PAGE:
God wants to invite all into a life-long commitment to Him. This is the all in moment. It begins with a decision to place Christ at the center of one's life, to embark on the process of bringing the entirety of one's life into conformity with him. Just as in marriage bridegroom and bride cannot fully know what is the "better or worse" they will face but make a pledge of faithfulness, so a new believer might not (and need not) understand all the ramifications of what this commitment to Christ entails, yet they say to God, in essence, "I trust you entirely, come what may." Future decisions to remain faithful are, of course, necessary - spouses ratify their initial commitment when they remain faithful through hard times, and believers ratify their initial act of faith as God highlights new areas of their life that need to be redeemed.


Back to the original question, then, what kind of encounter is capable of leading one to this kind of definitive decision? I will confess here that I am tempted to avoid the question. Isn't this different for everyone? Isn't this so very subjective, like asking, "How did you know you wanted to marry so-and-so?"

While the particular story for each believer might be as unique as their DNA, I believe there is one common quality that each story of encounter shares - it is a story of rescue. It is an encounter with Jesus as Savior, as Messiah. It is Jesus meeting some deep need that we are entirely incapable of meeting for ourselves.

This is so critically important because it can make all the difference between a life-giving faith and a loveless marriage. At the Arlington Catholic Men's Conference last weekend (audio available here), Curtis Martin quoted a friend of his as saying, "I am convinced that many Catholics feel stuck in a loveless marriage with God." In other words, we have done a great job of laying out the demands of discipleship for Catholics who have not experienced a rescue and the result has been a laborious attempt to bring their lives into conformity with a set of rules rather than cultivating a relationship.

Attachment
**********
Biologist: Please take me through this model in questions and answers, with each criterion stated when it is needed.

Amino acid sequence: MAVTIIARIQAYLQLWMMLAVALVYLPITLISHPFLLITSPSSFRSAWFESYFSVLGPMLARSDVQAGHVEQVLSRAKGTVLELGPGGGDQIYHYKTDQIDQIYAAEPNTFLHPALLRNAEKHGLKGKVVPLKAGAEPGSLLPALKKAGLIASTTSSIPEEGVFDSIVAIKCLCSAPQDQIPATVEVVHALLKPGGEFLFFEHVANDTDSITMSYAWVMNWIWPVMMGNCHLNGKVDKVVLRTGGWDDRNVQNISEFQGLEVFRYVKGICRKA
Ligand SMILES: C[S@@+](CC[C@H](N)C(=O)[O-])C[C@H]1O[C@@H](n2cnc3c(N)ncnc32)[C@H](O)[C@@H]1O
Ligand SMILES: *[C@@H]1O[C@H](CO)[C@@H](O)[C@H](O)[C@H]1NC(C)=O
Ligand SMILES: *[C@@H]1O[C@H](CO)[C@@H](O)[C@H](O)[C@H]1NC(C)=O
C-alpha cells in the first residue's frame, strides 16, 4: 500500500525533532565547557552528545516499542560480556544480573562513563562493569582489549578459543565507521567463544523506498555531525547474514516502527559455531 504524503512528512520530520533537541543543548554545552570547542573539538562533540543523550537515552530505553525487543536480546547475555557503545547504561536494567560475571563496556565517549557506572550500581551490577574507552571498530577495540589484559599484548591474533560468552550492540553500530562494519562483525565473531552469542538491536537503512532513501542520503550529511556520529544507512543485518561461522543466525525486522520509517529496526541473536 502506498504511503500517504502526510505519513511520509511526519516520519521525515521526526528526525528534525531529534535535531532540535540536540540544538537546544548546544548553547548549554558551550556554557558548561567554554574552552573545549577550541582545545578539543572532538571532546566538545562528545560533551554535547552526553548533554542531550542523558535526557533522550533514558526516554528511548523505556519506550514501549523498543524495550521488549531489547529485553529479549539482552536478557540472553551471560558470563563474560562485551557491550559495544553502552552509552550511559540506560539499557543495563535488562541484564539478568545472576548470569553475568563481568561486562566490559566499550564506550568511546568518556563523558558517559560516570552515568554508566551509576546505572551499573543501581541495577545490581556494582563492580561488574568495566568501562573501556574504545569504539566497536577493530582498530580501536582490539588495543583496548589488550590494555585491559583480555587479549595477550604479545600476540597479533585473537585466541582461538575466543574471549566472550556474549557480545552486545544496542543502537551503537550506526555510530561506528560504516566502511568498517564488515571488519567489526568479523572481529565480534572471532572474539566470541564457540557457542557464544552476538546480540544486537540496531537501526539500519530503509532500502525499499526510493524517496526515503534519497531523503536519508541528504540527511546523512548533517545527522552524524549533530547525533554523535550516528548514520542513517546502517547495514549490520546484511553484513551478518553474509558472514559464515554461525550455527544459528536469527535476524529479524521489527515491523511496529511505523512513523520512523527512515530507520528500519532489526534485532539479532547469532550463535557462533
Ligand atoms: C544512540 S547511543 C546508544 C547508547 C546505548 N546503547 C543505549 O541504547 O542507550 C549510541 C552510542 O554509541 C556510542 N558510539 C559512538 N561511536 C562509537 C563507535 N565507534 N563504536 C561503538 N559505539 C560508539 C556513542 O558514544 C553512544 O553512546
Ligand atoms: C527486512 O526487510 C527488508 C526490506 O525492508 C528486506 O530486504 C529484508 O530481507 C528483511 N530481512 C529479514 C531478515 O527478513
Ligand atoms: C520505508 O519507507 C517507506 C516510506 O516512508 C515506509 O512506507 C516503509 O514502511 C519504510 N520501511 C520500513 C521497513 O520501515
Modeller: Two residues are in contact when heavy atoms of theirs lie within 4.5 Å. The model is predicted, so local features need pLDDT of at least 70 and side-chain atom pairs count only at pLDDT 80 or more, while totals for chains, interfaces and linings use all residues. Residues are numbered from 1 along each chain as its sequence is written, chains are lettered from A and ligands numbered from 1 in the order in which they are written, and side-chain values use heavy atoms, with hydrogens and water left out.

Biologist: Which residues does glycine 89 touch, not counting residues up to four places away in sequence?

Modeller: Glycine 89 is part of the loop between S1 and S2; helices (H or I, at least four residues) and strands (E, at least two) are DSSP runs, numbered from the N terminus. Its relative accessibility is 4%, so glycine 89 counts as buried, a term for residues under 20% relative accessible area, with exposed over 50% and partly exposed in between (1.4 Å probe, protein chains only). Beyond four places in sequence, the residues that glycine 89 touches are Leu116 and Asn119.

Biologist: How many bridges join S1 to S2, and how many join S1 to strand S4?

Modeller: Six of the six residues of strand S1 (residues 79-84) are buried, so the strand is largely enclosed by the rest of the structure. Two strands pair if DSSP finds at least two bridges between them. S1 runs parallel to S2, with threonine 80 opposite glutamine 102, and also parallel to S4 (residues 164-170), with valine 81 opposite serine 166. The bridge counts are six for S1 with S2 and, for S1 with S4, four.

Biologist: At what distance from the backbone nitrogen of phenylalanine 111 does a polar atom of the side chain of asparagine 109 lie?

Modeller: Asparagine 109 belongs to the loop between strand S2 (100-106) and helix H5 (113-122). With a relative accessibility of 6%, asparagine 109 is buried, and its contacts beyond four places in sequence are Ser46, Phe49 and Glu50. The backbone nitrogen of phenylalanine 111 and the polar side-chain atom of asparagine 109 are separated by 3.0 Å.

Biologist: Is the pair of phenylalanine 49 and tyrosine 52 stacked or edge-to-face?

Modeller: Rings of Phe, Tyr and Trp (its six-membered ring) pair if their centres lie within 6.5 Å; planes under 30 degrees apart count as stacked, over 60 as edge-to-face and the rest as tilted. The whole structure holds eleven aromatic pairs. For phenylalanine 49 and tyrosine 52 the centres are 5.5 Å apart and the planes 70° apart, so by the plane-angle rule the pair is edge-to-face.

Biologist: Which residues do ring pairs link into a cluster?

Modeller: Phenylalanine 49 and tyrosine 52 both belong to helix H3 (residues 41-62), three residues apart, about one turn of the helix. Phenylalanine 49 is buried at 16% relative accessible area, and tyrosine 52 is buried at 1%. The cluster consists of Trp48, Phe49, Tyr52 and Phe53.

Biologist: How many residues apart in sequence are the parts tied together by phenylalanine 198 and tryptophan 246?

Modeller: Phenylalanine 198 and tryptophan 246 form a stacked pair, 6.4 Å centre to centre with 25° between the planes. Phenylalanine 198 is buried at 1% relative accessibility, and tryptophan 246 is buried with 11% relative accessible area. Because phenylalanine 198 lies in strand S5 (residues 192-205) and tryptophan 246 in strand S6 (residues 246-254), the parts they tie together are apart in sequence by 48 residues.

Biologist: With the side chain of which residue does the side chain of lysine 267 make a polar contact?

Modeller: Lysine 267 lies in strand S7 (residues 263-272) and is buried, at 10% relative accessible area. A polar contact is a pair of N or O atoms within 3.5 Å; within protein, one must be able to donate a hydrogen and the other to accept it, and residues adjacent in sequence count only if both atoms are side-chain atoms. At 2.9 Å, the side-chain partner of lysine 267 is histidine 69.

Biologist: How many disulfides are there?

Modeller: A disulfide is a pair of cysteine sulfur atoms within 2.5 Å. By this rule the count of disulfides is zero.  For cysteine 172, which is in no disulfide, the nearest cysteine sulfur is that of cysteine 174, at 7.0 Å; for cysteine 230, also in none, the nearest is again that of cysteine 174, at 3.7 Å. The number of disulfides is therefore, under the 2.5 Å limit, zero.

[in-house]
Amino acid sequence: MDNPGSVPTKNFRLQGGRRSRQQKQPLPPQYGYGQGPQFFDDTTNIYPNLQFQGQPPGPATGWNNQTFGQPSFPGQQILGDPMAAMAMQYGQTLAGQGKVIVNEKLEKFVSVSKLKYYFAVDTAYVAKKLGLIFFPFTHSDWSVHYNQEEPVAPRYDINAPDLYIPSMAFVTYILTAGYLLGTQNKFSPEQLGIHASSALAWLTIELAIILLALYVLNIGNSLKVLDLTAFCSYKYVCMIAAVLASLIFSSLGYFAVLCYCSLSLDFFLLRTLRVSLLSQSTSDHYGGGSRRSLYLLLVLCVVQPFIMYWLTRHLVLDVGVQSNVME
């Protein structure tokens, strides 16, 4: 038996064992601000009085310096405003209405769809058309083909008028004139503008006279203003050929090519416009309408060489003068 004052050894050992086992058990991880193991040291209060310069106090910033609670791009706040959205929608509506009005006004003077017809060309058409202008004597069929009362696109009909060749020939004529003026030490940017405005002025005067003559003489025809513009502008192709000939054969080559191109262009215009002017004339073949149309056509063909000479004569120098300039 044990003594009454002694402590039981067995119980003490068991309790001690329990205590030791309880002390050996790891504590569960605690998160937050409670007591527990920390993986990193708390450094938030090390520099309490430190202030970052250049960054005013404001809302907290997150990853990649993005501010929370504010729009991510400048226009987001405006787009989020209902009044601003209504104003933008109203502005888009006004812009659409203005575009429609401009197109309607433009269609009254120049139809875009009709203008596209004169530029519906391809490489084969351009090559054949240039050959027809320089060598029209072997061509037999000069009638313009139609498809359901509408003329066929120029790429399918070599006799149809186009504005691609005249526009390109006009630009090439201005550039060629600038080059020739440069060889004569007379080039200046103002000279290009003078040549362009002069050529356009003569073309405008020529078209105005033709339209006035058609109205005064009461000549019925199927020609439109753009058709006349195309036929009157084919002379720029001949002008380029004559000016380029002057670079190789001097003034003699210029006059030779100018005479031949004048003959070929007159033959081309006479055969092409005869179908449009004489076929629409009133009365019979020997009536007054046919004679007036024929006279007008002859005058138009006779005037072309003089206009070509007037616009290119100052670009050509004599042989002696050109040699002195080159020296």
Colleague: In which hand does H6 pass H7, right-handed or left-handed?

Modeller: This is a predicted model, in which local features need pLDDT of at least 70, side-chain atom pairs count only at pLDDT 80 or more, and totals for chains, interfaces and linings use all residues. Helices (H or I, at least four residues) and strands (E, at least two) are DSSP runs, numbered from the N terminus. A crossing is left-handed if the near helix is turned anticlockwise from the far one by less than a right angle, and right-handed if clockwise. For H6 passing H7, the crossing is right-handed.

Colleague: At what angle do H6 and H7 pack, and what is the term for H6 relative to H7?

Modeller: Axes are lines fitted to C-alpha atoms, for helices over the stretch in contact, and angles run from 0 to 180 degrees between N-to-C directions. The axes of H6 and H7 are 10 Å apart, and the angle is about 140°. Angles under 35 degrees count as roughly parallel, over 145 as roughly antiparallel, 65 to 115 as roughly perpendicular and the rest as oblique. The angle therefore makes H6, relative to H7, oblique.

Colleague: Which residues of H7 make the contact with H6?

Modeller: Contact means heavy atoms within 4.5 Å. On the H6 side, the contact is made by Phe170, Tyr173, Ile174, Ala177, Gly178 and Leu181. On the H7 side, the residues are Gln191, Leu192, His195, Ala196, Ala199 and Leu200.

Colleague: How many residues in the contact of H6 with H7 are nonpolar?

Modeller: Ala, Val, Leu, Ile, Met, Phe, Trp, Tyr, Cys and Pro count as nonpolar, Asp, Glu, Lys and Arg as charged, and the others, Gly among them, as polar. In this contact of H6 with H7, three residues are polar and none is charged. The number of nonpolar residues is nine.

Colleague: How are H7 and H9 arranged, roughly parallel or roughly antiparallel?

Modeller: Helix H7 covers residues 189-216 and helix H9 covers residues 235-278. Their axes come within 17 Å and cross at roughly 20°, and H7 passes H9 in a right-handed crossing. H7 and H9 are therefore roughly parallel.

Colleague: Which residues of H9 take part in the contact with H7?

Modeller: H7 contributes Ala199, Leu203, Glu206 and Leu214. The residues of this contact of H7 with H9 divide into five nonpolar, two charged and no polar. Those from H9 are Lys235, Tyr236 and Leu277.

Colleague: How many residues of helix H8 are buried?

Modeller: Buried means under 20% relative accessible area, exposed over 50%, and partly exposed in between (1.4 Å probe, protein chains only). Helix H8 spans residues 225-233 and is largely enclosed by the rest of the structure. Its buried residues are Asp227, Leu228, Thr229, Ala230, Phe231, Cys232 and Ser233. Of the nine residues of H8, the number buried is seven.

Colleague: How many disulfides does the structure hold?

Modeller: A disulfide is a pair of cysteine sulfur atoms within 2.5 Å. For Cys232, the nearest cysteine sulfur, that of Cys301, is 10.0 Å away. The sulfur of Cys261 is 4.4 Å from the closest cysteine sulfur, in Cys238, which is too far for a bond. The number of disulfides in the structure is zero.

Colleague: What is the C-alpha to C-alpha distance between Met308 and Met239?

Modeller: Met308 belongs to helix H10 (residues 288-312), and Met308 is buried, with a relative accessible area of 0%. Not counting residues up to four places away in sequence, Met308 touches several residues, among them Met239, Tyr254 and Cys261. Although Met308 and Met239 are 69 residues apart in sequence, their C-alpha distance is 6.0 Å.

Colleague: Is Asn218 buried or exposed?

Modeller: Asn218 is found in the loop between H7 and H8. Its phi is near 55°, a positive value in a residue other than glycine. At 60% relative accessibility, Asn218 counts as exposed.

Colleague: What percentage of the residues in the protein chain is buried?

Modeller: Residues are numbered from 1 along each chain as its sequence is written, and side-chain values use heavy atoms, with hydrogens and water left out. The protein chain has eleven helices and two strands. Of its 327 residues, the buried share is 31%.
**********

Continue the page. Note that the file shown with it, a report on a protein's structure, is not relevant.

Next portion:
This is why honoring the role of encounter is so important. If we call people to "give their lives to Christ" without their having experienced his rescue, we will only be fostering in them a New Pelagianism.


I hope to elaborate more on this idea of a rescue encounter and how we can foster it in my next post, but if you are interested in exploring this idea of rescue further in the meantime I would like to suggest listening to the amazing talk my wife gave to our youth group earlier this year entitled Mercy and Rescue.

I also like this scene from The Count of Monte Cristo as an illustration of a rescue encounter and the "all in" response it engenders. For context, the main character has just escaped from his unjust imprisonment and washed up on a nearby beach when he finds himself in a precarious situation. His actions will soon win for him the lifelong loyalty of Jacopo in a surprising way.

This post is the fifth in a series on “Inviting the Act of Faith.” The full series can be accessed below:

  1. Part One: Inviting the Act of Faith: Introduction
  2. Part Two: Faith, the Pledge of Salvation
  3. Part Three: Once Saved, Always Saved?
  4. Part Four: Faith and Encounter
  5. Part Five: Going “All In” with God
  6. Part Six: What Does Rescue Look Like?
  7. Part Seven: A Major Lacuna in Catholic Ministry
  8. Part Eight: Practical Ways to Invite Faith